The statewide eviction moratorium, set in place by the Judicial Council in April, has been placed on notice for expiration next month following an announcement last Friday by California Supreme Court Chief Justice and Judicial Council leader Tani Cantil-Sakauye.
An end of the moratorium with few replacement protections
Chief Justice Cantil-Sakauye noted that the Council “will soon consider rescinding temporary emergency rules” that “suspended court actions on evictions and judicial foreclosures during the Covid-19 pandemic,” the the end of the eviction moratorium coming as soon as August 14th.
The Council is deciding on such changes due to Governor Gavin Newsom and the California Legislature proposing various tenant and landlord protections, including many blanket protections proposed in the $100 billion California stimulus plan.
A lawsuit by the Pacific Legal Foundation challenging the eviction moratorium against the Judicial Council was also cited by many lawmakers and legal experts as a possible factor in the Council’s decision.
“The remedies are best left to the legislative and executive branches of government,” said Chief Justice Cantil-Sakauye on Friday. “I want to give the two branches enough notice that the council will very soon resume voting to terminate these temporary orders.”
While some measures can still protect tenants from being evicted outright, most notably Governor Newsom’s Executive Order banning evictions statewide until September, the Judicial Council allowing their ban to lapse means that there is no more broad eviction protection safety net in case other branches fail to put new measures in place. It also means that landlords can now file and do everything short of an actual eviction.
“After August 14th, any tenant in California behind on rent are going to be on notice and at the mercy of new laws guaranteeing protection,” said homeless counselor Jane McCutchen to the Globe. “It’s telling hundreds and thousands of people across California that they may be homeless.”
Hundreds of thousands of people could lose their homes after the end of the moratorium
Opponents of the Judicial Council’s possible decision in the next few weeks have noted that any evictions allowed now will only hurt California, as it will bring in a large wave of newly homeless people, most notably in places such as Los Angeles and San Francisco.
“I was disappointed to learn that … the Judicial Council of the state may soon vote to end its statewide eviction moratorium as early as next month,” stated Los Angeles Mayor Eric Garcetti at a press conference. “I agree with California’s Chief Justice that our state legislature should act. But the reality is that these measures need more time to pass. And the insecurity that getting rid of the eviction moratorium would give all the renters in this state would be very very bad.”
In a UCLA report published in May, researchers noted that around 365,000 households in Los Angeles alone may face eviction due to tenants not having jobs or falling behind in rent due to the COVID-19 pandemic and ensuing economic downturn. Nearly 600,000 workers alone in LA are out of work with no unemployment benefits.
Statewide, California is looking at over a possible 1 million evictions in total if all protections are dropped and if all landlords pursue evictions.
“This would make California the homeless capitol of the world,” added McCutchen. “Some landlords could adjust rents or extend some forgiveness, but the majority won’t. We’ve been seeing this happen on a small-scale for years with rising rents forcing people out and contributing to the homeless crisis.”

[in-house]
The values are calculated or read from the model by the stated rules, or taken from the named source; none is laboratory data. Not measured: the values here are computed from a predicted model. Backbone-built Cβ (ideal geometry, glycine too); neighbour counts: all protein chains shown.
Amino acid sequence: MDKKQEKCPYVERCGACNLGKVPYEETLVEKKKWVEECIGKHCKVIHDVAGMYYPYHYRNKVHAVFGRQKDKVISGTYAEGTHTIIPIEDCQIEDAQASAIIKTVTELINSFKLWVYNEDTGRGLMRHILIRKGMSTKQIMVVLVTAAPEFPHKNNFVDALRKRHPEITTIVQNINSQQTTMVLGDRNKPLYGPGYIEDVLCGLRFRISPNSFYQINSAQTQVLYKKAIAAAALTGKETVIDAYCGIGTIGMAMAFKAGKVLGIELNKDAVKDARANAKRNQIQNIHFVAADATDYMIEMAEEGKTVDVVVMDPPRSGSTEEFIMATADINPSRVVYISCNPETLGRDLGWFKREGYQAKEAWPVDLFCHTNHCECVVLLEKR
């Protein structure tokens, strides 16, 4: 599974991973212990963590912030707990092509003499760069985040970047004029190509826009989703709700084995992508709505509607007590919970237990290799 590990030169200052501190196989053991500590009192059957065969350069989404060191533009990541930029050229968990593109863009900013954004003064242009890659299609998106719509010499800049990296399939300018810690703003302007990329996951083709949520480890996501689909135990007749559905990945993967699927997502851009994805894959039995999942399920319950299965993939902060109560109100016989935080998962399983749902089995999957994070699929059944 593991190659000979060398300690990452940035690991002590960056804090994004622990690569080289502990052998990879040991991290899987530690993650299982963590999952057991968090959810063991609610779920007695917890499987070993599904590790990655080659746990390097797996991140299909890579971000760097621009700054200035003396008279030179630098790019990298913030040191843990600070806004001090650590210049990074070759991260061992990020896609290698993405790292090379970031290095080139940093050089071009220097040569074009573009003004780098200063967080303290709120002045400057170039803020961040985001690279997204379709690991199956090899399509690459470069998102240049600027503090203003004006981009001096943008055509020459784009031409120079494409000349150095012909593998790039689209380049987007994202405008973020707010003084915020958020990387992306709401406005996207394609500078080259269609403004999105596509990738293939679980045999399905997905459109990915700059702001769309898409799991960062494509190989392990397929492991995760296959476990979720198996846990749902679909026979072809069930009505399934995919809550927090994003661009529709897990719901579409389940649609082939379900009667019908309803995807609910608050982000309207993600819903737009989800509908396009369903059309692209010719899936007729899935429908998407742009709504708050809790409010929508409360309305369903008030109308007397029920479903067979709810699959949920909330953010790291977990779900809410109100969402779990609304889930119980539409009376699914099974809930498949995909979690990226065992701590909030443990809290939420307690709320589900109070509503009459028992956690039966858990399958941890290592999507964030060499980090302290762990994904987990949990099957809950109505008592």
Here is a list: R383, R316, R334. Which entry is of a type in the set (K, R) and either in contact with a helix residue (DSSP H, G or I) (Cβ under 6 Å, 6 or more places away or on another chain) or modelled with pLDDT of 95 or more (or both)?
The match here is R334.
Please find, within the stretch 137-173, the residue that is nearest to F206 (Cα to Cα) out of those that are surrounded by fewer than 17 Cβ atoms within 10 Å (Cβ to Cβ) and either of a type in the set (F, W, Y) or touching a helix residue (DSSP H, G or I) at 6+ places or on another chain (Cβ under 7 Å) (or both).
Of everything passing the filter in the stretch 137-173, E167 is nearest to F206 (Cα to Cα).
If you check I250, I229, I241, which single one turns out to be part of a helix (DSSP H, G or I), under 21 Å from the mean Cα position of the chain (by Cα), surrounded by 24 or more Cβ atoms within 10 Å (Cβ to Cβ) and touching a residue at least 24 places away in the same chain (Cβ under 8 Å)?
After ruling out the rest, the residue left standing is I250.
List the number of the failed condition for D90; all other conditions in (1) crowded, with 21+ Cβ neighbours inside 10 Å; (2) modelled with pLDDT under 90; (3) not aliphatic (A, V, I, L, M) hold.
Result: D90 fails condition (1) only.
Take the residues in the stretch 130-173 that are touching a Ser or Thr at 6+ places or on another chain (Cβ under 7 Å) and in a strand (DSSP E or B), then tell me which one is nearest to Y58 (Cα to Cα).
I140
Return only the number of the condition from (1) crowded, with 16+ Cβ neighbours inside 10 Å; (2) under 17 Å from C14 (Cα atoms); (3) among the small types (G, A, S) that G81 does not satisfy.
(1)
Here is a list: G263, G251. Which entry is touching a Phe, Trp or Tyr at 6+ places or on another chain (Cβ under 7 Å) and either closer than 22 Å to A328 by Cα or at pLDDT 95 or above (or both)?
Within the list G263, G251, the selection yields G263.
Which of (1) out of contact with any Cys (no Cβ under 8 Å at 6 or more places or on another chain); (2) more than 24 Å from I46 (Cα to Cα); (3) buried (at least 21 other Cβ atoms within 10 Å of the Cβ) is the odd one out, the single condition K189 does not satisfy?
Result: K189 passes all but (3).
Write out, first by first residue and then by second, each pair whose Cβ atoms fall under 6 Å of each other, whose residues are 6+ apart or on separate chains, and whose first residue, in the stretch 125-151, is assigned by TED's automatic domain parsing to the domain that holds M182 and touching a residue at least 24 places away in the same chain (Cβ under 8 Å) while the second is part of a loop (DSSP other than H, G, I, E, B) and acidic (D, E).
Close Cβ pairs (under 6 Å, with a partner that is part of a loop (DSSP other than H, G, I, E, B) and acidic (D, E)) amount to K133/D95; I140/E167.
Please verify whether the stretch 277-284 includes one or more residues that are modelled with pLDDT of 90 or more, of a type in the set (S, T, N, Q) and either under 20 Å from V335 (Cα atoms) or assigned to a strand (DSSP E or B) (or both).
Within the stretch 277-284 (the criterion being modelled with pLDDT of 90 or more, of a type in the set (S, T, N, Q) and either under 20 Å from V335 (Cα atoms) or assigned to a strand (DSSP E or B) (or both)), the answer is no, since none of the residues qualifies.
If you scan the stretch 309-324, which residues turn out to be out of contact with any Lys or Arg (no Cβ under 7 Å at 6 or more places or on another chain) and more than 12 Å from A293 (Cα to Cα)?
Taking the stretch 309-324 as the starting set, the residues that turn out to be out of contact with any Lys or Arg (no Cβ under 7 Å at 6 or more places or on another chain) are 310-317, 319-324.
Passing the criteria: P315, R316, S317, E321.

“If we allow this to happen we will have a homeless crisis on steroids here. Undocumented workers barely making it will be forced out, as they are one of the main groups affected. That means ICE might swoop in.”
“A lot of low-paid workers may not be in or around major cities after this, and basic services could become worsened because of it. A lot of people I help also live in their cars. We might see a flood of people suddenly having to find places to park in LA and the Bay area and San Diego. This is worst case, but now it’s more possible than ever.”
With Newsom’s Executive Order only possibly protecting the moratorium and two bills currently in the process of being passed in the Legislature, the delayed rent bill SB 1410 and AB 1436, a bill which could delay eviction until mid 2021, proponents of eviction have rallied around the likely Judicial Council decision.
Landlords and building owners celebrate likely Judicial Council decision
Landlords and building owners, many of whom are facing financial distress and lapsed mortgages of their own, have already fought back against the moratorium, such as the Apartment Association of Greater Los Angeles suing the city of Los Angeles in June over unfairly targeting landlords with pro-moratorium decisions.
“If I don’t get the usual rent amounts soon, we can’t make paying the mortgage. In August, part of our social security checks will actually have to go towards that,” said Los Angeles landlord Susan Chang to the Globe earlier this month. “No one ever wants to feel sorry for a landlord. They think we’re just in it for profit.”
Susan added in an e-mail on Wednesday that “[Landlords] now have a fighting chance to survive. If we aren’t there with available units, it doesn’t matter how many people are saved from eviction. If we have to close our complexes, that’s people out on the street no matter what.”
The moratorium, originally expected to expire 90 days following the end of the COVID-19 state of emergency, is now scheduled to have a vote in the next few weeks over the moratorium ending on August 14th.
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